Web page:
Whenever I want to give up before I’ve even started, I tell myself to write three sentences. That’s the rule—three sentences, then you can quit. Anyone can write three sentences. My seven-year-old can write three sentences. And to this day, I’ve never stopped at three sentences. I may only get a few paragraphs, but that’s still overshooting my goal by quite a bit.

So when my precious (fictional) girl Gwendolyn Gray started showing the same symptoms, I was hardly surprised. In fact, it fit my story very well, and I had a compelling and unique character arc. I work with middle schoolers, and they suffer from depression and anxiety at alarming rates. Anyone shocked? Think back to middle school. It’s a terrifying, stressful, horrific experience for many of us. Now we have the awareness and language to properly describe the toll it takes on our kids. But conversations about mental health are all-too-often relegated to the land of Young Adult, while our adolescents are talked down to or treated as if their problems couldn’t possibly be all that bad.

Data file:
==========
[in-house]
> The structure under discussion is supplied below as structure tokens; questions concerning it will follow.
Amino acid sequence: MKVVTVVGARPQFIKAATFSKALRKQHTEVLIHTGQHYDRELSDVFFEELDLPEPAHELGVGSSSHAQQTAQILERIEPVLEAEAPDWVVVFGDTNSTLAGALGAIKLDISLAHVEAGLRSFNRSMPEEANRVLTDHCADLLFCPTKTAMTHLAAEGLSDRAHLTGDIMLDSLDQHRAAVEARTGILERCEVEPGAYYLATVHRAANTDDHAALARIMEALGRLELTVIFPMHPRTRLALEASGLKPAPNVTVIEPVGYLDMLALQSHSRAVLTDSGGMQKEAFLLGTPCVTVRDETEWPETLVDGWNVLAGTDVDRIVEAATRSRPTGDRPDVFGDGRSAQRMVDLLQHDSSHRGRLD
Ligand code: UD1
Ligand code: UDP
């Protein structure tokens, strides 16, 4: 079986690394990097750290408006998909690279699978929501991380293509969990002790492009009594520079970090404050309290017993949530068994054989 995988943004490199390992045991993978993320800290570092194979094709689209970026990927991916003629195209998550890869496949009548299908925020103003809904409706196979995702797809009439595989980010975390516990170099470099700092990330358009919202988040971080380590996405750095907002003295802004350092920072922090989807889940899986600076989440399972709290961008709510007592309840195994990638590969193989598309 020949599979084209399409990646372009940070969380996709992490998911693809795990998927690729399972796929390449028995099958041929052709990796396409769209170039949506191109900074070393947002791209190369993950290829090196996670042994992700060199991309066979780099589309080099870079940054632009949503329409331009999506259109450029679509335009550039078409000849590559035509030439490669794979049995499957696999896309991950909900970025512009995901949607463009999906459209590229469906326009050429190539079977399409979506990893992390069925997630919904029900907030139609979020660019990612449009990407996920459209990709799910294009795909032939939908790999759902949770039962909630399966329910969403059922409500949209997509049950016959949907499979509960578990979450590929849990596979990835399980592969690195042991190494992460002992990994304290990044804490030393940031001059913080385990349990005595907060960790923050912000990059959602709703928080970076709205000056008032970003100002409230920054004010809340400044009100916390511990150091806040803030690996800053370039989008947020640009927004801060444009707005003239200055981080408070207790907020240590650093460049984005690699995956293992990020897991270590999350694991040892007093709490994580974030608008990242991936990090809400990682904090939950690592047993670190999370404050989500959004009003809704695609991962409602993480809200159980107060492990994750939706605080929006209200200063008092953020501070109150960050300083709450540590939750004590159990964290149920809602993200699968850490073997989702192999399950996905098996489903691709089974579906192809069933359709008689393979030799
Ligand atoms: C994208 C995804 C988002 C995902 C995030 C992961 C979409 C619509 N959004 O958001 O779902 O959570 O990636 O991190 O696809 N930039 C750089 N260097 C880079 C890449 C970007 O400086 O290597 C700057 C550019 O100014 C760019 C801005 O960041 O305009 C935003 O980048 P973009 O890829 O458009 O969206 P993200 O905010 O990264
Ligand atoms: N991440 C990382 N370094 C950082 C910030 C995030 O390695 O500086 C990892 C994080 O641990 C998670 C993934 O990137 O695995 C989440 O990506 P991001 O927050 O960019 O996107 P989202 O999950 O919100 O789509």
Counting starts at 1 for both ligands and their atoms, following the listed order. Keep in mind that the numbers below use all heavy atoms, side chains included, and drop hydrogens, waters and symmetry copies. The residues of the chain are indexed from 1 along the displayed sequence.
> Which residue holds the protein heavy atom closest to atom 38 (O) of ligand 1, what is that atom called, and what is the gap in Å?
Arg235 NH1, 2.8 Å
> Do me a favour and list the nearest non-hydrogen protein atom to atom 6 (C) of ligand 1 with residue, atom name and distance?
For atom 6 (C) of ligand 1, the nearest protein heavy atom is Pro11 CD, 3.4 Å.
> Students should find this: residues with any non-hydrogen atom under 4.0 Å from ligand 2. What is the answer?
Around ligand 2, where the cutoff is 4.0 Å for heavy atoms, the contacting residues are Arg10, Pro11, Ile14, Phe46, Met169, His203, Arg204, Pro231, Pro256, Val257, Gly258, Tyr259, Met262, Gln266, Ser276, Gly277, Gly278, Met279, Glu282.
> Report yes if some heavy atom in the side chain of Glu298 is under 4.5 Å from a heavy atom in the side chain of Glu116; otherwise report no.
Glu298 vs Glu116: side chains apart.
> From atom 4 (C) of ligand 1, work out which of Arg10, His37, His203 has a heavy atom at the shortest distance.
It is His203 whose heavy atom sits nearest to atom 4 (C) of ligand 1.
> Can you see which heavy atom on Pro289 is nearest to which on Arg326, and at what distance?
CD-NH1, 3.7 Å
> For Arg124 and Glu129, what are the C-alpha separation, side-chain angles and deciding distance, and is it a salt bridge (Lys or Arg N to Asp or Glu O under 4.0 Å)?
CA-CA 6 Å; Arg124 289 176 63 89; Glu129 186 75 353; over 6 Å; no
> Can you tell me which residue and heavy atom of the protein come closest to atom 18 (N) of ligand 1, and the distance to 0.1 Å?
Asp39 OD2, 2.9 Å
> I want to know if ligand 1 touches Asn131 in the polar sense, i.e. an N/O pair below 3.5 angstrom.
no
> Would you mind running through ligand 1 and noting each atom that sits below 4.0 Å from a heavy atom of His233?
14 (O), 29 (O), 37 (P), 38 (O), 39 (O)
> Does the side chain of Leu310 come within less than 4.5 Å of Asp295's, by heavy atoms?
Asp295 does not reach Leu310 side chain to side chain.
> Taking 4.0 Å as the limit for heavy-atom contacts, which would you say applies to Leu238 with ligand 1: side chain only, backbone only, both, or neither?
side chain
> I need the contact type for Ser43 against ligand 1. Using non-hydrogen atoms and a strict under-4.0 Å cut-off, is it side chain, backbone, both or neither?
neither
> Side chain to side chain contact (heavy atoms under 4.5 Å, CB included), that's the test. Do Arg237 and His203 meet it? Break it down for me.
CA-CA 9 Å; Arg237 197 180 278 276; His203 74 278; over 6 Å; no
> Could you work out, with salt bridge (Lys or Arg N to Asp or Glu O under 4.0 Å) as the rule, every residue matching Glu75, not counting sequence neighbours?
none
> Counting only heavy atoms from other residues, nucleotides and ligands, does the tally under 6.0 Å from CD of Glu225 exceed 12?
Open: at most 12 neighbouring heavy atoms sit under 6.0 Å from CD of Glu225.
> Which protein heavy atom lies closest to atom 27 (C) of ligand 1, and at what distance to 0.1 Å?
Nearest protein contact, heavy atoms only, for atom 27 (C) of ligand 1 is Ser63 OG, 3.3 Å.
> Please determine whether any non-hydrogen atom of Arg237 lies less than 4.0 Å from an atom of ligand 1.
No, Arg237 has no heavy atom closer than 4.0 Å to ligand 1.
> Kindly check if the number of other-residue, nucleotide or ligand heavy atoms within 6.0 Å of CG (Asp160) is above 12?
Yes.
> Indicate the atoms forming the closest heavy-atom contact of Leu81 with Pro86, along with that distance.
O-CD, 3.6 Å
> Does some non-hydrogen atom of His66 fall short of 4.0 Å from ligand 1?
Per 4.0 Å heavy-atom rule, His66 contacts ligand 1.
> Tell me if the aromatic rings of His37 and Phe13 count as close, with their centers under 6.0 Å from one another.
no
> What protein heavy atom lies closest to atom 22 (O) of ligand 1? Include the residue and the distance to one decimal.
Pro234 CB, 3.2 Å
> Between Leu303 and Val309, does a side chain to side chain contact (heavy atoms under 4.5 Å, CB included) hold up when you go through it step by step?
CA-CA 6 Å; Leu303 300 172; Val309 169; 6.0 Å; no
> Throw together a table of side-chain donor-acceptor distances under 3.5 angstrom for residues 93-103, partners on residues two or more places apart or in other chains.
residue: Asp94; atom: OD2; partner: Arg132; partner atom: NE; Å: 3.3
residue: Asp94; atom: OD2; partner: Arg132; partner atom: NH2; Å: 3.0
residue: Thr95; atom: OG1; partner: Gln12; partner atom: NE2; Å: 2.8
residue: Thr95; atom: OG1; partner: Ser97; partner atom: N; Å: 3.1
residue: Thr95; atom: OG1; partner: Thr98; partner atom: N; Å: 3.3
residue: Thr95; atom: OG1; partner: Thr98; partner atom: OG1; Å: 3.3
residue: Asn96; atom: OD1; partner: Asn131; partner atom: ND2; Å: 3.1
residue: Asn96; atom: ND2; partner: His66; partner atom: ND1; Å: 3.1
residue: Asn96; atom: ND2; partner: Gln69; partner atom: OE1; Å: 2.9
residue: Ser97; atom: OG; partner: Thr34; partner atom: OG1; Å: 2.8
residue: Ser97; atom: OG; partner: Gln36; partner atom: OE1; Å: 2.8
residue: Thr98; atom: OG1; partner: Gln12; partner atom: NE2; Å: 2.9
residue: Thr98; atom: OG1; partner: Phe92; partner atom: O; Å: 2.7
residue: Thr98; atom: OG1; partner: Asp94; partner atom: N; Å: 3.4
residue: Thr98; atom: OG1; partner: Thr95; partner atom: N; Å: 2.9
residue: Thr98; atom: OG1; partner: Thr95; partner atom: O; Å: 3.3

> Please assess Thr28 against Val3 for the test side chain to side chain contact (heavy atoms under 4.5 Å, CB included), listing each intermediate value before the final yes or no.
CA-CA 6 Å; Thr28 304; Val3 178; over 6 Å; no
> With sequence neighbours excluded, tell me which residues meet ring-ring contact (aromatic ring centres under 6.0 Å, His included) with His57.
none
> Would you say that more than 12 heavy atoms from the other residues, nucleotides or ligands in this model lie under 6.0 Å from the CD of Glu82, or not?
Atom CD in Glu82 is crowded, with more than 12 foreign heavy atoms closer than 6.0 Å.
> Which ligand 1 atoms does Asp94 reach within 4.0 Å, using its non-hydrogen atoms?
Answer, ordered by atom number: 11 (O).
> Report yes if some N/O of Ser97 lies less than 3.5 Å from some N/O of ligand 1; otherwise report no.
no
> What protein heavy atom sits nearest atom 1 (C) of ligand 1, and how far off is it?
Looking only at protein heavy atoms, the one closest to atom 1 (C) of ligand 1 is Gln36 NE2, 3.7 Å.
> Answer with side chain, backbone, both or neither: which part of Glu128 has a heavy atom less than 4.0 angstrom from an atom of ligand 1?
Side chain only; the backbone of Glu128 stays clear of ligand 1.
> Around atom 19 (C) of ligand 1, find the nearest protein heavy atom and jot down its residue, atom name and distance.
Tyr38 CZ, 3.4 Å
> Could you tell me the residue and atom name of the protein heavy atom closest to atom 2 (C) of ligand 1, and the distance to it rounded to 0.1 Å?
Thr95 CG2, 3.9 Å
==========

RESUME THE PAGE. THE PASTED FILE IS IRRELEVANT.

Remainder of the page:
I felt it was really important to show a story where a character grows up, and kids could see a reflection of their own struggles. As Gwendolyn struggles with larger-than-life monsters, readers can see a reflection of their own struggles that can feel so much bigger than themselves. And as her external struggles are a metaphorical mirror for their own, her internal struggles create a much more literal parallel. Her internal reactions give them something to relate to, and see themselves taken seriously. Continue reading “Guest Blog: B.A. Williamson on Being a Bipolar Writer”